By Conner Tighe
When the pandemic first began, of course, I was shocked, confused, and fearful for the state of the world. I was finishing out my collegiate career (what an odd way to end the college experience) and found myself in an entirely remote/digital learning environment. Searching out employment opportunities after I graduated became more of a challenge, and I found myself having more time on my hands.
I had a mentor, among many, who I closely communicated with during all this mess. She emailed me one day, asking if I’d been journaling during the pandemic. When I thought about it, I hadn’t journaled since my sophomore year of college. The idea had never occurred to me. She explained how documenting this historical moment in American history would be both helpful and interesting. Then it all clicked.
My generation, among others, will remember these fearful years for the rest of their lives. The COVID-19 virus has killed over 16,000 Hoosiers alone. I wouldn’t be surprised if COVID-19 came close or became more dangerous than the Spanish Flu pandemic. Now, as we’re heading into 2022, almost two years into the pandemic so much has happened and is still happening. Where are your thoughts?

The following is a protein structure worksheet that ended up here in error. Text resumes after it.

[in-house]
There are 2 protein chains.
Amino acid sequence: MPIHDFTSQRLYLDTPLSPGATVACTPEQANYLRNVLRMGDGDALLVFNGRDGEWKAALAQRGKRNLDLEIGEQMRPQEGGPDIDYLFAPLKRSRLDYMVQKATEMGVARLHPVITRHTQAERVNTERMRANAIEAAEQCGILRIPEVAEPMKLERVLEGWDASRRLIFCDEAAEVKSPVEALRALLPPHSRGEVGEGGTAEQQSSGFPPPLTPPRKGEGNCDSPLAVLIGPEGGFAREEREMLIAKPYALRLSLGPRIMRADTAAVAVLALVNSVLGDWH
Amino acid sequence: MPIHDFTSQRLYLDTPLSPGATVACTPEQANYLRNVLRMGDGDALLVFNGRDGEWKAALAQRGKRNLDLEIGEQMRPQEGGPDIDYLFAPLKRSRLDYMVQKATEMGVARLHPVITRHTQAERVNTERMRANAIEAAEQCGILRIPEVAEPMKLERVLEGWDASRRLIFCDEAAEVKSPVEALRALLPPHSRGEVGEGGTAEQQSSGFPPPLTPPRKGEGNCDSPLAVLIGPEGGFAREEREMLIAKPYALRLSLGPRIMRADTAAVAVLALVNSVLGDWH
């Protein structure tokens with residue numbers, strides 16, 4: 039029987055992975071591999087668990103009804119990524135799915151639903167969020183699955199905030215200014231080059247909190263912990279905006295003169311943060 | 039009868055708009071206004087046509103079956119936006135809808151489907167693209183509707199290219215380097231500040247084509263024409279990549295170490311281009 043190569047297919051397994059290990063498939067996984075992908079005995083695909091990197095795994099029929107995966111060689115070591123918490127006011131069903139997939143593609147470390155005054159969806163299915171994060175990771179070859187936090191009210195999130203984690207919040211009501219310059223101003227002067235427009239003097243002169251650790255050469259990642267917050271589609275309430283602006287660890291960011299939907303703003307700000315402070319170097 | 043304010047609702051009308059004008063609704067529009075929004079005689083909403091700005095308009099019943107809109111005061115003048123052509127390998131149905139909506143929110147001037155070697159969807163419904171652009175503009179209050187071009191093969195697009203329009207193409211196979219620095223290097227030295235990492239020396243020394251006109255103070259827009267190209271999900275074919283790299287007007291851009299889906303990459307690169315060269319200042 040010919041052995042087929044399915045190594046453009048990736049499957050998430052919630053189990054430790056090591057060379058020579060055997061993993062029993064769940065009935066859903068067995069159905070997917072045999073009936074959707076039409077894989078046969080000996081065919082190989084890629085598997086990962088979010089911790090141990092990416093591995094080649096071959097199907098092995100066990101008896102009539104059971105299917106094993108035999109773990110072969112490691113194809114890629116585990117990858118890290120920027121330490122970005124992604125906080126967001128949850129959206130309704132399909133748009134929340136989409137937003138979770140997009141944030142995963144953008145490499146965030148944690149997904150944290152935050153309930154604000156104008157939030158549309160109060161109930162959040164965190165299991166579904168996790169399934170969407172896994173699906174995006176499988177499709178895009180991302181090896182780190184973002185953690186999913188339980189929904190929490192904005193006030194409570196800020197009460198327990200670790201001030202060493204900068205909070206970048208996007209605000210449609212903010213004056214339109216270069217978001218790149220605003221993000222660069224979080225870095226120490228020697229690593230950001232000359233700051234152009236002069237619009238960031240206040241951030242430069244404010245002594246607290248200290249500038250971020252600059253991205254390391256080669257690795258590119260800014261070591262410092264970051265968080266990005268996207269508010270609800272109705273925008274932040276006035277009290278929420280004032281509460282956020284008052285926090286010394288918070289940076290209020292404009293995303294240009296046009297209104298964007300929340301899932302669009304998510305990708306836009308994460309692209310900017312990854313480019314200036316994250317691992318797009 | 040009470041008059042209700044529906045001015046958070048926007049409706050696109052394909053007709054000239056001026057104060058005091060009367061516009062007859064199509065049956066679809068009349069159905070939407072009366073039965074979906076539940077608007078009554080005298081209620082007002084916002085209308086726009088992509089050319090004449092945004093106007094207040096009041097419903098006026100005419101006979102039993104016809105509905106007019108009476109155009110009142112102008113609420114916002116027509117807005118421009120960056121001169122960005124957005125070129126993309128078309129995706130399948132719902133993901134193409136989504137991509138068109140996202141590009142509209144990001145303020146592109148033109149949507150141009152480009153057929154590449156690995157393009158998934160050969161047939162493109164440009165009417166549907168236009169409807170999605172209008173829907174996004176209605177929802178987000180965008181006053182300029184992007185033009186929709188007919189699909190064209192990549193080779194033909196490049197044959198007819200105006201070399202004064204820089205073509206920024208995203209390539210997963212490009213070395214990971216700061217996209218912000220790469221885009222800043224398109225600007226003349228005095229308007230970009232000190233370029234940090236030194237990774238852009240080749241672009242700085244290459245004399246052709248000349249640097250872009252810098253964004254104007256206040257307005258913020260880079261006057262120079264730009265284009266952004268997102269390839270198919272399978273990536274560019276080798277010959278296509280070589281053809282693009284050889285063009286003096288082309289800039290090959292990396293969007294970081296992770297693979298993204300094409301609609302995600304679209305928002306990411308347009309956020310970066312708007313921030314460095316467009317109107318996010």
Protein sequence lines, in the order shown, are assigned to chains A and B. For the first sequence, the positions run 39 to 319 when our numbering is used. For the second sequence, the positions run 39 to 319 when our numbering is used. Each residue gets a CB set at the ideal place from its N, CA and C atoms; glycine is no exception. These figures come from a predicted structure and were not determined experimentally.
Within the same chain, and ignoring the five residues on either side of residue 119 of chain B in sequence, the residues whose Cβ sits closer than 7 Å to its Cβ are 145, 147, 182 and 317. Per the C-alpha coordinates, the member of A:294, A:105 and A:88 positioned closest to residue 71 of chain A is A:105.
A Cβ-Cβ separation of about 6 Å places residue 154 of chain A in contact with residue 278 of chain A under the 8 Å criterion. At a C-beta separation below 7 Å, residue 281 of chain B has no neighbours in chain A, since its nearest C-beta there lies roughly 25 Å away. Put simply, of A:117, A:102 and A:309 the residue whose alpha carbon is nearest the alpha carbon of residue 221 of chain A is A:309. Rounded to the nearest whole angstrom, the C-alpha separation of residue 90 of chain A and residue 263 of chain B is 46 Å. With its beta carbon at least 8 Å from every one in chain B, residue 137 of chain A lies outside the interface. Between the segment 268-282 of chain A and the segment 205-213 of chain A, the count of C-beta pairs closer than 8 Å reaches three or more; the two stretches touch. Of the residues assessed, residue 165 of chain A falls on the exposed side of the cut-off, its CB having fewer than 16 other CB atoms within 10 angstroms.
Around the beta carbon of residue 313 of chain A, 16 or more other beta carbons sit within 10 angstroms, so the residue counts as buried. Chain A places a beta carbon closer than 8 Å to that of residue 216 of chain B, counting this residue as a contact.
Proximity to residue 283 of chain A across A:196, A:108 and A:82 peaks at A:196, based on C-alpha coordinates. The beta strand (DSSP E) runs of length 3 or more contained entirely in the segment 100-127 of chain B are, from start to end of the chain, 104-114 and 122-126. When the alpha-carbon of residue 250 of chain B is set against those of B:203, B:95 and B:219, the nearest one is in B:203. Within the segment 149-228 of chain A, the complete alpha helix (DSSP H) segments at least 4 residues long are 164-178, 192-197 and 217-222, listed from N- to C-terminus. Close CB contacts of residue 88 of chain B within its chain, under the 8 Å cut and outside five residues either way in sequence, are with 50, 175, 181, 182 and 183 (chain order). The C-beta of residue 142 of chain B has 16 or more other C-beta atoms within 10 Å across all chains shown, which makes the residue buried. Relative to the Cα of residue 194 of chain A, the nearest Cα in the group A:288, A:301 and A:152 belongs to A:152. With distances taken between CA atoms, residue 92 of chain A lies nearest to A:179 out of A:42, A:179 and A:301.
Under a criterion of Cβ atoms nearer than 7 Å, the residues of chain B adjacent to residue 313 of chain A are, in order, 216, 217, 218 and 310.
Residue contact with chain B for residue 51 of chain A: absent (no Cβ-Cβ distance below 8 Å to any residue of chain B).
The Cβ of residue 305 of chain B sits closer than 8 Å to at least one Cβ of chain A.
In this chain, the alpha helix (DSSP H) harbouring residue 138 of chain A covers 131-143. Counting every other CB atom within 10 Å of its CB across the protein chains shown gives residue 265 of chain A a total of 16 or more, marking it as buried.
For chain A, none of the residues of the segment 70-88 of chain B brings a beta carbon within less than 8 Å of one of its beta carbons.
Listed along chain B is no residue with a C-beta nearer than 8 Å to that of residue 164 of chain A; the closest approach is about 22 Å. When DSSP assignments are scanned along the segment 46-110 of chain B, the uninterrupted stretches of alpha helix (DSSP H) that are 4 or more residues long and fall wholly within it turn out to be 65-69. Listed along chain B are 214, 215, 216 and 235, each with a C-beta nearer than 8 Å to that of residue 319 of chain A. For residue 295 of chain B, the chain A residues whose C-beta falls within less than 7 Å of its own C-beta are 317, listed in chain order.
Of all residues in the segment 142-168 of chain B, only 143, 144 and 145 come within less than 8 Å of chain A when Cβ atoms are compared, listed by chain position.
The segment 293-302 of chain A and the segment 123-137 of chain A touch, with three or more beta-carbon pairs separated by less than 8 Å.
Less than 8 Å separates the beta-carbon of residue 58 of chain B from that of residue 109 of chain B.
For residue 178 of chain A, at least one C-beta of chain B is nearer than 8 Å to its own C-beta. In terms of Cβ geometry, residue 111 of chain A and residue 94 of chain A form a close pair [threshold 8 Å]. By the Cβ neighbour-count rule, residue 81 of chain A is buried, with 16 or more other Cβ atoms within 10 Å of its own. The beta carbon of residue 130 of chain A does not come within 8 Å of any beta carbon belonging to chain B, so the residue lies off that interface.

Journaling to me was a simple way of detailing the thoughts and feelings of one’s day and life. You hear stories from time to time of grandchildren finding long-lost journals that detail back to the world wars or later. The pandemic is far from over, but yet I had wondered if I had missed my chance to cover perhaps one of the most significant events in world history. The answer depends on your perspective.
Child COVID-19 vaccines have recently been approved, meaning all age groups now have full access to the antibodies. So the dilemma raises many questions: Will the booster be enough? Will people need to acquire a yearly dose? Will COVID-19 continue to evolve and change our tactics? Thinking about all this is overwhelming, but it’s comforting knowing that you’re most likely not alone in these fears.
Who will remember these moments after you are gone? Will America change the way we look at disease, health, and wellness? Starting today, journaling for even 10 minutes can put your mind at ease knowing your thoughts are documented on paper. Usually, I would suggest simply typing up your thoughts on a Word document, but then that takes away the history behind it all. Paper documentation is more authentic and will be more universally understood when the time comes for strangers to read it.
Sources: The Hill
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